Married couple: Kyle’s age: 40, Kate’s age: 40
Combined 401(k): $600K
Regular Assets: $700K
The Base Plan
Kyle and Kate, age 40, are getting divorced after 15 years of marriage. The couple earn $100,000 each per year. They each have $300,000 in a 401(k) to which they and their employers contribute 3 percent of pay. Kyle and Kate also have $25,000 each in separate savings accounts, i.e., in regular (non-retirement account) assets. They both intend to retire when they turn 65 and take Social Security benefits at age 66. They’ve already separated and both own condos worth $250,000 with 30-year, $200,000 mortgages. Their monthly mortgage payment is $955. The condo’s other costs, per year, are $3,000 in property taxes, $1,500 in insurance, and $3,000 in condo fees. The couple has no children.
Since they have identical resources, each spouse after divorce will have the same real (inflation-adjusted) sustainable discretionary spending on an ongoing basis. Analyze My Divorce Settlement calculates this amount at $47,842 per year. Discretionary spending references all outlays apart from fixed expenses, which in this case consists of federal and state taxes, retirement account contributions, and Medicare Part B premiums.
Kyle and Kate Have 3 Children
Now assume that Kyle and Kate have three children ages 5, 10 and 15 and that Kate will have full custody of the three. In running this case, we told Analyze My Divorce Settlement that each child would leave home at 19. What happens to Kyle and Kate’s sustainable discretionary spending assuming Kyle pays no child support? It drops immediately from $47,842 to $31,462. It remains at this level until the oldest child leaves home. Then it rises to $34,113 until the second oldest child leaves home. At this point it rises to $41,399 and gradually rises until the youngest child leaves home. When that happens, Kate’s discretionary spending jumps from $42,293 to a permanent value of $45,376.
The reason Kate’s living standard falls is straightforward. She needs to make outlays on the children to provide them with the same living standard as she’s enjoying while they are at home. The tool determines what child outlays are needed each year to give all co-resident family members the same living standard. These child outlays start at $36,296. They remain fixed at this level until the oldest child leaves home. Then they fall to $27,650 and remain at this level until the second oldest child leaves home. When the second oldest child leaves, child outlays fall to $17,927 and then gradually rise $18,316.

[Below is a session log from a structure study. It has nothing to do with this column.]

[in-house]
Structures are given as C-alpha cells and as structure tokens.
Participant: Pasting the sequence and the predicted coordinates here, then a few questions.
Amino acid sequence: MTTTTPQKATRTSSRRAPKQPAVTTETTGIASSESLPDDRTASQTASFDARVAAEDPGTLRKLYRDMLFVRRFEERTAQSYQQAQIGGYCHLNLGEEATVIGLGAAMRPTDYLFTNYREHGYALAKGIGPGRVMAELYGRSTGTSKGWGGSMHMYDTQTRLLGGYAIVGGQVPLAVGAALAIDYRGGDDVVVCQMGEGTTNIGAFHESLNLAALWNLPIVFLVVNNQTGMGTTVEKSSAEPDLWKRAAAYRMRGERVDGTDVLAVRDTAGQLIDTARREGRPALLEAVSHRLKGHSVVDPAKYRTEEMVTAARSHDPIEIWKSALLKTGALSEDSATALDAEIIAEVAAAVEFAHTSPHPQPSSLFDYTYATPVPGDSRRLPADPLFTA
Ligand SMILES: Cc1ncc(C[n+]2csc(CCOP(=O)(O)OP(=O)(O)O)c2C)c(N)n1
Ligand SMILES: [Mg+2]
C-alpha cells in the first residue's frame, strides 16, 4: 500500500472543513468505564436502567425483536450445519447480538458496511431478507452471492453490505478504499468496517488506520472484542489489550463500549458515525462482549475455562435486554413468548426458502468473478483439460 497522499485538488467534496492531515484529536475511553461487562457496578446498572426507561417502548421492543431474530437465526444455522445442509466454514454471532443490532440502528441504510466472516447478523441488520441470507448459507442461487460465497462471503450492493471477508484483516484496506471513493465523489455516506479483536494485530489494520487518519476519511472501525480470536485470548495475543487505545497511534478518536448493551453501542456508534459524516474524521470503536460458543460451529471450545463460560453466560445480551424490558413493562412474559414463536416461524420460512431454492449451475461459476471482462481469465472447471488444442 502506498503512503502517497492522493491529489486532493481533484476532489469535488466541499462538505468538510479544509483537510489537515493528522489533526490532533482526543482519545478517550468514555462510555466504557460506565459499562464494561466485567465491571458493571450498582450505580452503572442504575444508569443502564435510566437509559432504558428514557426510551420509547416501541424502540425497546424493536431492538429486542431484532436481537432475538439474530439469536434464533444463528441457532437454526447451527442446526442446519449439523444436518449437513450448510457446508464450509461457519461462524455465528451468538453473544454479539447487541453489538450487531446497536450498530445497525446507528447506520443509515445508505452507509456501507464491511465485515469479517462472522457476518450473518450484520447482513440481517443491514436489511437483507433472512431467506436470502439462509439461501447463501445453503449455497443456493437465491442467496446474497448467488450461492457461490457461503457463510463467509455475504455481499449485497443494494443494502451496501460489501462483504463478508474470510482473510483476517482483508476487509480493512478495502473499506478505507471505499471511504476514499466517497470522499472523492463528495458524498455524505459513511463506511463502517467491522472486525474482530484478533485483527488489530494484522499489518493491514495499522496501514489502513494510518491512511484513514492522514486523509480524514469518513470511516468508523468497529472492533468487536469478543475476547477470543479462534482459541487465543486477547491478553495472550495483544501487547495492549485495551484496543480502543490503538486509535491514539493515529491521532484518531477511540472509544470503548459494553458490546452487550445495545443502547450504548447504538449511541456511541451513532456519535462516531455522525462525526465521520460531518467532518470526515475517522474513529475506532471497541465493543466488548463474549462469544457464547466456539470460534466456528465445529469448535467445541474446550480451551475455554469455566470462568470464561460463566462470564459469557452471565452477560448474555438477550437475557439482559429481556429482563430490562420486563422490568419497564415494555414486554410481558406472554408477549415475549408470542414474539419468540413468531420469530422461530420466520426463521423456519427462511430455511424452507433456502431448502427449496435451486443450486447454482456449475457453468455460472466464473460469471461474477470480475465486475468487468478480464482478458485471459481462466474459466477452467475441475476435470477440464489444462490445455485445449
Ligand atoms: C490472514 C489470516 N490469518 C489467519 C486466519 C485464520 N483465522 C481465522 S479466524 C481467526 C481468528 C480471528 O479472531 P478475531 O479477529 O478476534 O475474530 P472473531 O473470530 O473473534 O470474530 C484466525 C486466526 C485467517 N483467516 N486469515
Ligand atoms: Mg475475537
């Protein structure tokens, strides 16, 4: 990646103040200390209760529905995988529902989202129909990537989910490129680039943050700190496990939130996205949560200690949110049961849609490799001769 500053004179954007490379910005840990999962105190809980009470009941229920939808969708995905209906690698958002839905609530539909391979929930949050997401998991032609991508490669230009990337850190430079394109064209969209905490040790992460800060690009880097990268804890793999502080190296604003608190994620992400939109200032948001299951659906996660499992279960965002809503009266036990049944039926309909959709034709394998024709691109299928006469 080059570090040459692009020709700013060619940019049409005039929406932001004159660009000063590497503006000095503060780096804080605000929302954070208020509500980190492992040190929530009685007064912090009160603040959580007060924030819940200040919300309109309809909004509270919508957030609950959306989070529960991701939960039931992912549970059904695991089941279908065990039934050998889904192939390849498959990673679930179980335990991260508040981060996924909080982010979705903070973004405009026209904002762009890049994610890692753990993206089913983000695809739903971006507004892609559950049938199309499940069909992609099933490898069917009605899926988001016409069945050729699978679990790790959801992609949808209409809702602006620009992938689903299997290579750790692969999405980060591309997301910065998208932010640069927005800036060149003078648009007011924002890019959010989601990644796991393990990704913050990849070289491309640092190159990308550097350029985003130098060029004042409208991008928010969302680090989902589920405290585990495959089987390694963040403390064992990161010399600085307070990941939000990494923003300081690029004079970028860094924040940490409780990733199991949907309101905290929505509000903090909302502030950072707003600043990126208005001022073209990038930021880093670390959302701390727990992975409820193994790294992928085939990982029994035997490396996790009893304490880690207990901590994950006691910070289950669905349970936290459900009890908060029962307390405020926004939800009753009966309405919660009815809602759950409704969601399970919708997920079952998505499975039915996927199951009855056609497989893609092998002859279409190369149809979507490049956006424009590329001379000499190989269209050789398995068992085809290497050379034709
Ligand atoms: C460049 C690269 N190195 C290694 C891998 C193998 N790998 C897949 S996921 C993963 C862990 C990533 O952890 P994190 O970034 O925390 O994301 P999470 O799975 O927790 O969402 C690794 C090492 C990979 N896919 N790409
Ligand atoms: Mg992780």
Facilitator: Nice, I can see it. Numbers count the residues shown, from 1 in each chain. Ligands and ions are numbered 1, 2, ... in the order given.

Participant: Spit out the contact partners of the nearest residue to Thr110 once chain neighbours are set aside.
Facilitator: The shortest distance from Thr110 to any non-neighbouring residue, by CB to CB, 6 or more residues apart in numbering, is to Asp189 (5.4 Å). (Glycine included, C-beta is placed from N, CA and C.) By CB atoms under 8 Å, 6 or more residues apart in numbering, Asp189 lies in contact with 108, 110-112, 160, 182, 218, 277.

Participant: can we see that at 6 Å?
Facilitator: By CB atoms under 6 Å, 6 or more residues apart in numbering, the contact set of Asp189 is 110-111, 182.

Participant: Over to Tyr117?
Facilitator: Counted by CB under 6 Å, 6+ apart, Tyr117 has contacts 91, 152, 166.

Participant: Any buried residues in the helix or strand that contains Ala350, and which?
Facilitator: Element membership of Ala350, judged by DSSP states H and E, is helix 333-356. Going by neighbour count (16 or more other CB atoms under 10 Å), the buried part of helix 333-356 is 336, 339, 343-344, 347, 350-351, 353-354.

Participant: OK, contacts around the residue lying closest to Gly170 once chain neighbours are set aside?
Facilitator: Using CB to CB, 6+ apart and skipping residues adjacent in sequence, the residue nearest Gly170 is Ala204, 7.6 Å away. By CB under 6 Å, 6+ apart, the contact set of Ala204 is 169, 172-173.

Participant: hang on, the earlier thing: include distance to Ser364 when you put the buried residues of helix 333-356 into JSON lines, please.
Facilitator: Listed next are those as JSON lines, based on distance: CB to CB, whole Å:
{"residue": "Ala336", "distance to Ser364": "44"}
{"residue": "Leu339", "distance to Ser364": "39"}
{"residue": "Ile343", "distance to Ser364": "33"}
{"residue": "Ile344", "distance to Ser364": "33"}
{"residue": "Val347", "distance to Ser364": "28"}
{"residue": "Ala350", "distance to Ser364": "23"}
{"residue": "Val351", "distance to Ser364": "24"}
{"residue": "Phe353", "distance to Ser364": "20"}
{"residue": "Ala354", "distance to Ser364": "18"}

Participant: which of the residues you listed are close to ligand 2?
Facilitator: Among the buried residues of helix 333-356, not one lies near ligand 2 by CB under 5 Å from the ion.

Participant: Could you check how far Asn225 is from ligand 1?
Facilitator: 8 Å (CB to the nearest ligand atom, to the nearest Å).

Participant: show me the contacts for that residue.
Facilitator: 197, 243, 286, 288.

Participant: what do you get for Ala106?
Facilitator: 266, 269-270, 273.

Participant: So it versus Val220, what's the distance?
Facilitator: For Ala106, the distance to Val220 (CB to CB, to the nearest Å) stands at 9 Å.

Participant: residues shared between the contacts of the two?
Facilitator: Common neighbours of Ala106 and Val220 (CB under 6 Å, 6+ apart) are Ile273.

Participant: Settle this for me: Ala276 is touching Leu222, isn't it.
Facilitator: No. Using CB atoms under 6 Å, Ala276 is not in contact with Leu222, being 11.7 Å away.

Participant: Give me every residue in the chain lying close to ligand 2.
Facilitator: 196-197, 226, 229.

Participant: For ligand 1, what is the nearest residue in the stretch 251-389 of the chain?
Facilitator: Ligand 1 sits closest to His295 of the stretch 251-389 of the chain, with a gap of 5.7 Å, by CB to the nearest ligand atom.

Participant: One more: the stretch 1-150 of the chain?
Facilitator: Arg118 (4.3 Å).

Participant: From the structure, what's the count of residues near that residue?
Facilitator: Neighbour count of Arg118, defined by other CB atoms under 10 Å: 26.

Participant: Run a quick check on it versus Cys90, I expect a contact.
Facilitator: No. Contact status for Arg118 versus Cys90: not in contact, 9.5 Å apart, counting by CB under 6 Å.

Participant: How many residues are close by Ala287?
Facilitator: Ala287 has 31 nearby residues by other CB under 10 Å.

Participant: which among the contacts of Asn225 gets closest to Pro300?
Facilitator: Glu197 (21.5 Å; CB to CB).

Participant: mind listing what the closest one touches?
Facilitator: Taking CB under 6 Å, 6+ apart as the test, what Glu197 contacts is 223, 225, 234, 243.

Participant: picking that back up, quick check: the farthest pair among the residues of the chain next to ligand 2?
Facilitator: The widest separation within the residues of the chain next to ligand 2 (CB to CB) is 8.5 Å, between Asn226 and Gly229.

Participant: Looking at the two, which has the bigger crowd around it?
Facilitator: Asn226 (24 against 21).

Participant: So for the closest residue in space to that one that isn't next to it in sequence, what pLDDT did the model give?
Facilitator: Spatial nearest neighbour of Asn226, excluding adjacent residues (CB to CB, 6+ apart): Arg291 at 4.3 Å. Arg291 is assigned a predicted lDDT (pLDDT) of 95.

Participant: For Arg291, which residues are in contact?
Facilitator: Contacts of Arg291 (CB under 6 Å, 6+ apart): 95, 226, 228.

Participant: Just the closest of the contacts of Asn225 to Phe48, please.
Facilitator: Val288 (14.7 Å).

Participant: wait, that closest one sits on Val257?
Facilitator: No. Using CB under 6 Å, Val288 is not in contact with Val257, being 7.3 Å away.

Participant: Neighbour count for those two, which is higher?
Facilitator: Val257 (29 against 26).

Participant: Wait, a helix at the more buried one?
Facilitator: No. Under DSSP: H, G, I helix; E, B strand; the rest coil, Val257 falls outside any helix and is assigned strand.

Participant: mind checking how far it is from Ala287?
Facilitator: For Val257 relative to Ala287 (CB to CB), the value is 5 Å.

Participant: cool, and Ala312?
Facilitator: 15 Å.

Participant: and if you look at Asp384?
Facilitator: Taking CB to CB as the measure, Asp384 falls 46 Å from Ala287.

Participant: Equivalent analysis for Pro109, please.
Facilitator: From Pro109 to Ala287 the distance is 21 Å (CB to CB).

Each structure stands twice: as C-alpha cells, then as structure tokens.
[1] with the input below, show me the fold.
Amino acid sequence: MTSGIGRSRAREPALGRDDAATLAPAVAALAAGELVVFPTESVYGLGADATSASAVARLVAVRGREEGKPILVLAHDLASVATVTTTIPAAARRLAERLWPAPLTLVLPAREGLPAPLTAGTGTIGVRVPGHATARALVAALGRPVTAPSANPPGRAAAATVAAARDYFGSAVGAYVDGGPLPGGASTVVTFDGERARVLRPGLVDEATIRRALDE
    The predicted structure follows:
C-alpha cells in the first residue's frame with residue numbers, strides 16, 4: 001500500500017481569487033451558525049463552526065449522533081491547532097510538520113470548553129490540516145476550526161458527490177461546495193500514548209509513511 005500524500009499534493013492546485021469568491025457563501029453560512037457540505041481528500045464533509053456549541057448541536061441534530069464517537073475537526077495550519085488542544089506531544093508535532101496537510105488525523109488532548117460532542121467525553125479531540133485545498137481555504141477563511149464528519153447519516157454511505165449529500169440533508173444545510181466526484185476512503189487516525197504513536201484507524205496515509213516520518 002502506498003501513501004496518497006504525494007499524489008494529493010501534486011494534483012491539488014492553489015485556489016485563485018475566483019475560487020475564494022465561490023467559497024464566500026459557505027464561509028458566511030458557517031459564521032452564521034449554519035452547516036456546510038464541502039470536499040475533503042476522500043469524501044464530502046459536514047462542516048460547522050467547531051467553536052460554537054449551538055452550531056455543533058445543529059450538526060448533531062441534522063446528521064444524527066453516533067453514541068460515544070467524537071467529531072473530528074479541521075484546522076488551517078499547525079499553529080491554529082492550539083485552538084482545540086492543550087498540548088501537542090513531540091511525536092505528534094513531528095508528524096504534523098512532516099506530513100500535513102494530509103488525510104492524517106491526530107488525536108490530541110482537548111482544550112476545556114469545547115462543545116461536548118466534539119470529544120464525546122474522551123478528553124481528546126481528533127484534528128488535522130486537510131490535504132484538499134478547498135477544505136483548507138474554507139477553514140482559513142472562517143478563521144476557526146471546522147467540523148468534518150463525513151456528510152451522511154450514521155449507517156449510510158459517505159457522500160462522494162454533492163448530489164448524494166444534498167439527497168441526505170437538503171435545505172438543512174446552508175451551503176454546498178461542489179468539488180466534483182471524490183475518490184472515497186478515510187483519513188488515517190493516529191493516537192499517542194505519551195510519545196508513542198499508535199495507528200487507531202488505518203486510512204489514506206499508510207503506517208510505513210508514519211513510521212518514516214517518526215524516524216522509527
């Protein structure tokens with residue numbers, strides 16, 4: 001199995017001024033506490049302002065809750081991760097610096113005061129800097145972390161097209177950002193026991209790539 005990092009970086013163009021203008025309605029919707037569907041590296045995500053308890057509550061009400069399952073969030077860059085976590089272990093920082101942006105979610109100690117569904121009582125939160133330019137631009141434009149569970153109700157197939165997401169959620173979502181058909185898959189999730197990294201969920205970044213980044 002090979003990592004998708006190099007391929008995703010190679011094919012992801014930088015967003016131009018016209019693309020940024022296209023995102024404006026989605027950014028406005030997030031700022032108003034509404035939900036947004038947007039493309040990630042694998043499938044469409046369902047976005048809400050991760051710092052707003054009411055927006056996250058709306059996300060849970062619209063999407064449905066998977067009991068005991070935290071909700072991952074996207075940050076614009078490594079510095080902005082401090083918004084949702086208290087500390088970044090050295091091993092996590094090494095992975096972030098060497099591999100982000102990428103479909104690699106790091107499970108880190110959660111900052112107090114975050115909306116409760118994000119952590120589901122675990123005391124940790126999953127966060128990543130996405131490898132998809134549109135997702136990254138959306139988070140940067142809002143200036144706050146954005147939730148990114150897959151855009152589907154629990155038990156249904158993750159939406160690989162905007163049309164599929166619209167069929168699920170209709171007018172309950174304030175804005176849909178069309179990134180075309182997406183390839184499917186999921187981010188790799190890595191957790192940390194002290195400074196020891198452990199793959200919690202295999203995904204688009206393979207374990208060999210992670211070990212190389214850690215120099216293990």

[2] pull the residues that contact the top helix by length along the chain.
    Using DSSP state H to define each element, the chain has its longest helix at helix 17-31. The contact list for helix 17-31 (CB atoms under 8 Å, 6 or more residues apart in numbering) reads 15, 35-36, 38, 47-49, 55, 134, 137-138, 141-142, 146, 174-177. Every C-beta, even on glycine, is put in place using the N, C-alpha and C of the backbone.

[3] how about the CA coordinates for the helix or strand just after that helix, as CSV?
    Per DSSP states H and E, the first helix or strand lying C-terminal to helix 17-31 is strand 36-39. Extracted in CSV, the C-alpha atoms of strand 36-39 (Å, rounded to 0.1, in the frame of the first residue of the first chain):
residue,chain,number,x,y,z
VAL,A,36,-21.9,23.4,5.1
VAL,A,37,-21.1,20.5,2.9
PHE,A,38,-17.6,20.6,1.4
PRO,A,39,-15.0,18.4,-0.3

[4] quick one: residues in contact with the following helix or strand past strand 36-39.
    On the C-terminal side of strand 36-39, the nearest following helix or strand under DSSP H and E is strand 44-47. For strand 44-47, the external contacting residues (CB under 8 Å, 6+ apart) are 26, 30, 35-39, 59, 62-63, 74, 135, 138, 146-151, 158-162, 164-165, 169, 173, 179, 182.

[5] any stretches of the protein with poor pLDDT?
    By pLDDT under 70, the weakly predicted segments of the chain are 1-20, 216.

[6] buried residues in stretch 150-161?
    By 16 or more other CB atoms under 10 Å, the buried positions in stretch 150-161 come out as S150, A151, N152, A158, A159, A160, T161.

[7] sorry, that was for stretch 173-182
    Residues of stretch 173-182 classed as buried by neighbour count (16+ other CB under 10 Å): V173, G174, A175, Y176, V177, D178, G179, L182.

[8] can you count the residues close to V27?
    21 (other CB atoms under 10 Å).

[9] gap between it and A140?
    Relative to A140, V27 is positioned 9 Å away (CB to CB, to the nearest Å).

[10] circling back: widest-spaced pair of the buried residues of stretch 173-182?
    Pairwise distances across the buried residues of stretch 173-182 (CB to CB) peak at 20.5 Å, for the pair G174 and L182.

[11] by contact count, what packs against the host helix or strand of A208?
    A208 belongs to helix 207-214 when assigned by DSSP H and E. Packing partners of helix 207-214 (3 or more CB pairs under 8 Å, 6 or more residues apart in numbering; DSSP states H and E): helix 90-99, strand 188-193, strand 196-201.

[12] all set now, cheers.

Why does Kate’s discretionary spending increase over time? The answer is cash constraints. Until the kids are out of the house, Kate has additional mouths to feed. But she can’t borrow against her future income. Hence, she needs to cut her spending. This means a lower living standard, which rises each time there is one fewer mouth to feed. There is also a gradual rise in her living standard when she only has the youngest at home. This reflects the decline in the real value of her mortgage payments due to inflation. This effect occurs every year she has a mortgage, but it’s not big enough to impact the cash-flow problem in the early years. Note also that child outlays move, as expected, in synch with Kate’s discretionary spending.
Kyle Pays Child Support to Kate
When Kyle compares his living standard to Kate’s, he offers to pay child support. According to Connecticut’s child support guidelines, Kyle owes Kate $20,878 annually when all three kids are at home, $17,888 when the youngest two are at home, and $12,142 when only the youngest is at home. The result? Neither is borrowing constrained, and their consumption is smoothed. Kyle and Kate’s annual discretionary spending values are $45,123 and $46,336, respectively for the rest of their lives. Based on AMDS, Kate and Kyle decide Connecticut’s guideline for child support is somewhat too high. They decide to use AMDS to find values of child support, through time, that equal precisely half of Kate’s child outlays. This puts both spouses in exactly the same position through time.
Child outlays are required to sustain children’s living standards independent of whether the non-custodial parent pays child support. AMDS calculates child outlays that ensure children have the same living standard as their co-resident parent before they leave home. AMDS can also calculate the amount of child support needed to ensure fairness with respect to the living standards of both parents.